The veil was also special. Hand-made in Brussels, Elsie had purchased it while Eleanor was still in college. Although the color didn’t match the dress, Eleanor liked the contrast. “It was so ornate that it was almost highlighted against the slightly darker dress. It worked out better than I could have ever expected.”
With its centuries-old brick walls, the romantic ruins of Taylor’s Mill are a fairytale setting for an outdoor wedding. There’s no roof, but a canopy of trees provides a filigree of shade over the grassy courtyard. “It’s like a beautiful overgrown garden,” says Blair. Although it had always been a special place for the family — Blair had held her wedding reception there in 2005 — the mill was particularly meaningful for Eleanor and William: in high school, the couple had shared their first kiss within the walls. It also gave them both a perfect wedding locale for the intimate gathering of family and just a few close friends that they were inviting. “I love the feeling of a church, but William is closest to God when he’s outside, so we really wanted an outdoor wedding,” explains Eleanor. “We both got what we wanted by transforming the mill into an outdoor chapel.”
Not to take away from the beauty of the surroundings, Elsie and Cricket Newman went with a minimalist approach to creating a chapel inside the brick walls. To enter, guests passed through an archway that had been covered in pale pink and white roses. “We used garden roses instead of hybrids, and the aroma was just divine,” notes Cricket. “The difference between the two is like night and day.”
At the end of the aisle, a table draped with Eleanor’s great grandmother’s lace tablecloth served as the altar; set with flickering candles in glass hurricanes and a cross enveloped in more pale pink and white roses, it was simple, elegant and all that was necessary. Peonies were also part of the décor, appearing with jasmine vine and Sweet William in Eleanor’s bouquet and filling a pair of urns at the mill’s gate. The blooms, placed on both sides of the aisle, had been plucked earlier in the day from family gardens. “It was gorgeous,” says Eleanor. “I spent a little time on Pinterest and saw a lot of things I loved, but as great as Pinterest is, it’s overwhelming. I’m lucky my mom is so good at throwing parties!”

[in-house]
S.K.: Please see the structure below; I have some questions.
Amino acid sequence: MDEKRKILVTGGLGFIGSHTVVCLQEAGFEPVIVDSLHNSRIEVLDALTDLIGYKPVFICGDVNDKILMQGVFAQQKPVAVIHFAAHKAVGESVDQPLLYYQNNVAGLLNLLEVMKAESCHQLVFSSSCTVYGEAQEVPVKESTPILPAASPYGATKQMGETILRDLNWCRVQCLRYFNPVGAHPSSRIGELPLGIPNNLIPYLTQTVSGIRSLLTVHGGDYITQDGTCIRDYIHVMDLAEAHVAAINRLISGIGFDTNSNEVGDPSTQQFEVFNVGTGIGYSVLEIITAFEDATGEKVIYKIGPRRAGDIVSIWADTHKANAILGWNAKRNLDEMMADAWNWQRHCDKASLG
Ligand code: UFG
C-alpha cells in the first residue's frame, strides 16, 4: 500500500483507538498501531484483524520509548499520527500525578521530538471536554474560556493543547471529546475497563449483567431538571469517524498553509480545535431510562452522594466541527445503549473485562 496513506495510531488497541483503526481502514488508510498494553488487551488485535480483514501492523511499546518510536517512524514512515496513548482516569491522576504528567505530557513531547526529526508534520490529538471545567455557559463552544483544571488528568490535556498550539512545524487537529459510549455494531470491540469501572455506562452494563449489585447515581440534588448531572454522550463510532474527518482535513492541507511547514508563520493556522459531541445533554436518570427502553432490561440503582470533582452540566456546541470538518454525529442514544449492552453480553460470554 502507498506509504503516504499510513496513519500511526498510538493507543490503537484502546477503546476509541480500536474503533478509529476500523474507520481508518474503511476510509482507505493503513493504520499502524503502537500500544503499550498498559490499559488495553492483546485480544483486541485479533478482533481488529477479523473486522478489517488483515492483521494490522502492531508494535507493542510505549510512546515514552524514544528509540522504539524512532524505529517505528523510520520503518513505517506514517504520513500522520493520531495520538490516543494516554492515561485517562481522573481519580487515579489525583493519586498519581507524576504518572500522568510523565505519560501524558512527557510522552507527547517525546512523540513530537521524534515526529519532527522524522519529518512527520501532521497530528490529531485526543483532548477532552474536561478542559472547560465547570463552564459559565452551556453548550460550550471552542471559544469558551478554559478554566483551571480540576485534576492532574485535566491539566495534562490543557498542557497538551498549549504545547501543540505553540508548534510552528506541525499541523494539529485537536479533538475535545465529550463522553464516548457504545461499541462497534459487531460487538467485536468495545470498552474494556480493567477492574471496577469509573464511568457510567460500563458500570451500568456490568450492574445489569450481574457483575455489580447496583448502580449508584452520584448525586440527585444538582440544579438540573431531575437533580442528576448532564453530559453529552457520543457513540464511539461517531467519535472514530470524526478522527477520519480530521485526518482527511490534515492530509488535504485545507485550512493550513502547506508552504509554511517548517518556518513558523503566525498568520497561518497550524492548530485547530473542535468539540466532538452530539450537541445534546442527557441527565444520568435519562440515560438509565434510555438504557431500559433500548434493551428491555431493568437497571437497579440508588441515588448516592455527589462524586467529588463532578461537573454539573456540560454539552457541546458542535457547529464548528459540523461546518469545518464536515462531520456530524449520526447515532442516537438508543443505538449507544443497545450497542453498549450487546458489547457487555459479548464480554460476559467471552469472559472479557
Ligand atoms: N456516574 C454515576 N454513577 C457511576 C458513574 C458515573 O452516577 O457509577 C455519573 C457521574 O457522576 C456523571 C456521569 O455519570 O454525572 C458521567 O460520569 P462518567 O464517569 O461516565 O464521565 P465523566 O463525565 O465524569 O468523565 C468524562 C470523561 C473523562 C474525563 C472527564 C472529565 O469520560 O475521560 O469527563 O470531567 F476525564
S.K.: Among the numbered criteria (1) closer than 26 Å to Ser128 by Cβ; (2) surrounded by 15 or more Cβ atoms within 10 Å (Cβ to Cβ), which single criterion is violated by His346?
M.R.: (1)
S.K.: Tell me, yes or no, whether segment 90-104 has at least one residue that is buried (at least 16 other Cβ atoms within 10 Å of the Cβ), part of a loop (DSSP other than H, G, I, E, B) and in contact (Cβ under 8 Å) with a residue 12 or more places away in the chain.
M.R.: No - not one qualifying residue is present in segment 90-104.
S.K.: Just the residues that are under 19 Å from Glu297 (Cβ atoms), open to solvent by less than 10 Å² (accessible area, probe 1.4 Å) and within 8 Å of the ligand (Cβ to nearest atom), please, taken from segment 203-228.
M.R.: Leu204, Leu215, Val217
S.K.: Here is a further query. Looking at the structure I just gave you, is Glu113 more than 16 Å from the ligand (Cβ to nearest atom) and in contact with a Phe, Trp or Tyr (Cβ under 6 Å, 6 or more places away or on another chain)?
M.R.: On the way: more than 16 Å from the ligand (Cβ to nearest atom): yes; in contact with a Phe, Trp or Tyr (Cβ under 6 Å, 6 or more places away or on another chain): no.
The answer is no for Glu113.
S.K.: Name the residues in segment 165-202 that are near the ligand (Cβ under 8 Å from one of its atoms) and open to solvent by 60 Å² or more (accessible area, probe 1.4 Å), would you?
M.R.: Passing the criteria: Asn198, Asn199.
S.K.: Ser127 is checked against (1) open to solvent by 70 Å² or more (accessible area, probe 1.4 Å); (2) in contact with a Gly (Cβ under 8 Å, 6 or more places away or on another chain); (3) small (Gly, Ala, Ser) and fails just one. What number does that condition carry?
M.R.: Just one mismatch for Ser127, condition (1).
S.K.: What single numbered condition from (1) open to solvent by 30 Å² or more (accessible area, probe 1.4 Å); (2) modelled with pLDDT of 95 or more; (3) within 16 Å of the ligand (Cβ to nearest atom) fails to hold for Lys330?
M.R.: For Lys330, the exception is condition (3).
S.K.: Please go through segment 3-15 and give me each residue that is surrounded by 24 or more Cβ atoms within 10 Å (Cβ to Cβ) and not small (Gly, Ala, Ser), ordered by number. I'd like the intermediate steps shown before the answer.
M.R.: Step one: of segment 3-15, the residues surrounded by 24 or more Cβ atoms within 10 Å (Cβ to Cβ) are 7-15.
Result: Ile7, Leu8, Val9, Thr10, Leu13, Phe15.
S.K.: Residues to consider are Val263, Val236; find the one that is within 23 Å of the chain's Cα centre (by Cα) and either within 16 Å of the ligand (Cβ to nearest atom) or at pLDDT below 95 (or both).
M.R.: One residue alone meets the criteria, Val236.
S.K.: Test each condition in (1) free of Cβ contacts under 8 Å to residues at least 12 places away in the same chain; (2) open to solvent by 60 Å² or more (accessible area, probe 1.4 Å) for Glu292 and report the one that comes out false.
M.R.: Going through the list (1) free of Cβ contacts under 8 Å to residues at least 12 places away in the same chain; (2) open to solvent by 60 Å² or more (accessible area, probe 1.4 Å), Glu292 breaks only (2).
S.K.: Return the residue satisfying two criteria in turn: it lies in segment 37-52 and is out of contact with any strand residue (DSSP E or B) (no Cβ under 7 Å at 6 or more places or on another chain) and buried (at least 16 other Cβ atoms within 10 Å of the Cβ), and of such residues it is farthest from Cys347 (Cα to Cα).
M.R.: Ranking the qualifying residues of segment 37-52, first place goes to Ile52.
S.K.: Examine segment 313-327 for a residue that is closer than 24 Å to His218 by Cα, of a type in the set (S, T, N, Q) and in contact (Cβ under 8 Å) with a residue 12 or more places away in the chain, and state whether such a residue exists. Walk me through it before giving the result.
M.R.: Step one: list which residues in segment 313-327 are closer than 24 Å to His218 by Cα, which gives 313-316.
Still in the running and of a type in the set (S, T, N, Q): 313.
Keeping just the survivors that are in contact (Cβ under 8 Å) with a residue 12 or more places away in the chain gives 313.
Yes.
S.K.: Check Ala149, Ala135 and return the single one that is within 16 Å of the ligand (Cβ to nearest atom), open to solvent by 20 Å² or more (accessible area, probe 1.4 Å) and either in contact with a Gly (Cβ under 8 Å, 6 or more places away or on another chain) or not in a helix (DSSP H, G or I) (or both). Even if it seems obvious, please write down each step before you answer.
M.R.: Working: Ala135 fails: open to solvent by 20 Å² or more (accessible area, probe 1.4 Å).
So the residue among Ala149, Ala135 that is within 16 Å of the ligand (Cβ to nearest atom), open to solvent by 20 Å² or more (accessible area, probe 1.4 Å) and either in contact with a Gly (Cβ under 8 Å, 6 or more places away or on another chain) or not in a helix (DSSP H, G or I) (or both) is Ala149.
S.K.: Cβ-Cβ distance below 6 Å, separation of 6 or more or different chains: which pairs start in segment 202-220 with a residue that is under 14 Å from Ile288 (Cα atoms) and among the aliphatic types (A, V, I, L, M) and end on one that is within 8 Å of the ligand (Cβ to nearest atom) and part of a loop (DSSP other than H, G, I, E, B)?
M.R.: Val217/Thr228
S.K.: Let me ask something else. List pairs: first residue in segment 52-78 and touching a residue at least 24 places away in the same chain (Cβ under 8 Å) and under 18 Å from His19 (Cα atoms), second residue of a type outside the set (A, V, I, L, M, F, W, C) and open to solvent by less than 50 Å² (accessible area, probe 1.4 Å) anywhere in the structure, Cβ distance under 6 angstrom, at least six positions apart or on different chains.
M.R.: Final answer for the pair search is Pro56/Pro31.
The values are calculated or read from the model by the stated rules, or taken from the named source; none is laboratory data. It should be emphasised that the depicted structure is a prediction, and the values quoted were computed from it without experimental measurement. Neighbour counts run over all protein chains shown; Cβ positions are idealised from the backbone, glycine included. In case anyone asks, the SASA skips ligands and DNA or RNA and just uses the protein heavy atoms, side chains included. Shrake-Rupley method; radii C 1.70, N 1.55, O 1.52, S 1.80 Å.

Since tenting the mill would have ruined the ambience, the family decided to hold the wedding in the tent that had been set up for the reception only in the case of a monsoon. Otherwise, they’d rely on all the matching white umbrellas that a friend of Elsie’s loaned her. Good thing: just as Eleanor and William began their vows, mist turned to soft rain. “All of the umbrellas opened up at the same time,” says Blair. “It was magical.”
After the ceremony and the brief rain shower, photos were taken inside the mill. Then, the other guests arrived to celebrate with dinner and dancing in a dramatic white tent. From the dance floor, the guests could see the mill, now aglow thanks to spotlights set around its base. “The tent was a festive decoration to the mill, and the lighted mill was a reminder of why we were all celebrating,” explains Elsie.
Although a heavy rain could have spoiled Eleanor and William’s day, in this case, it created magic. “Dean Jones was in the middle of his homily and just when he got to the part about a man who built his house on rocks so rain couldn’t wash away the foundation, it started to rain,” recalls Eleanor. “It couldn’t have been more perfectly timed.” To get the couple from the wedding to the reception without getting drenched, the parking valets came to the rescue, pulling up the small tent they were using in between runs and holding it over the newlyweds as they made their way across the grass.
About mid reception, all of the guests were brought out of the tent into the field where they lit and released about 100 white Thai lanterns. The lanterns have a wick in the center and when lit, the white silk puffs up ––– and they slowly fly away. Just before released, each guest is supposed to make a wish and then let the lantern go. “It was a remarkable sight to see all of the lights sailing through the sky in a mass, just so beautiful,” says Blair. “It still warms my heart to think of all of the wishes for happiness that were sent up for Eleanor and William on that wonderful summer night.”
The evening ended with a Fairey family tradition. “William’s family loves Breyer’s mint chocolate chip ice cream,” says Elsie. “At the end of the evening, we scooped it into demitasse cups and passed it to all the guests. It was fun!”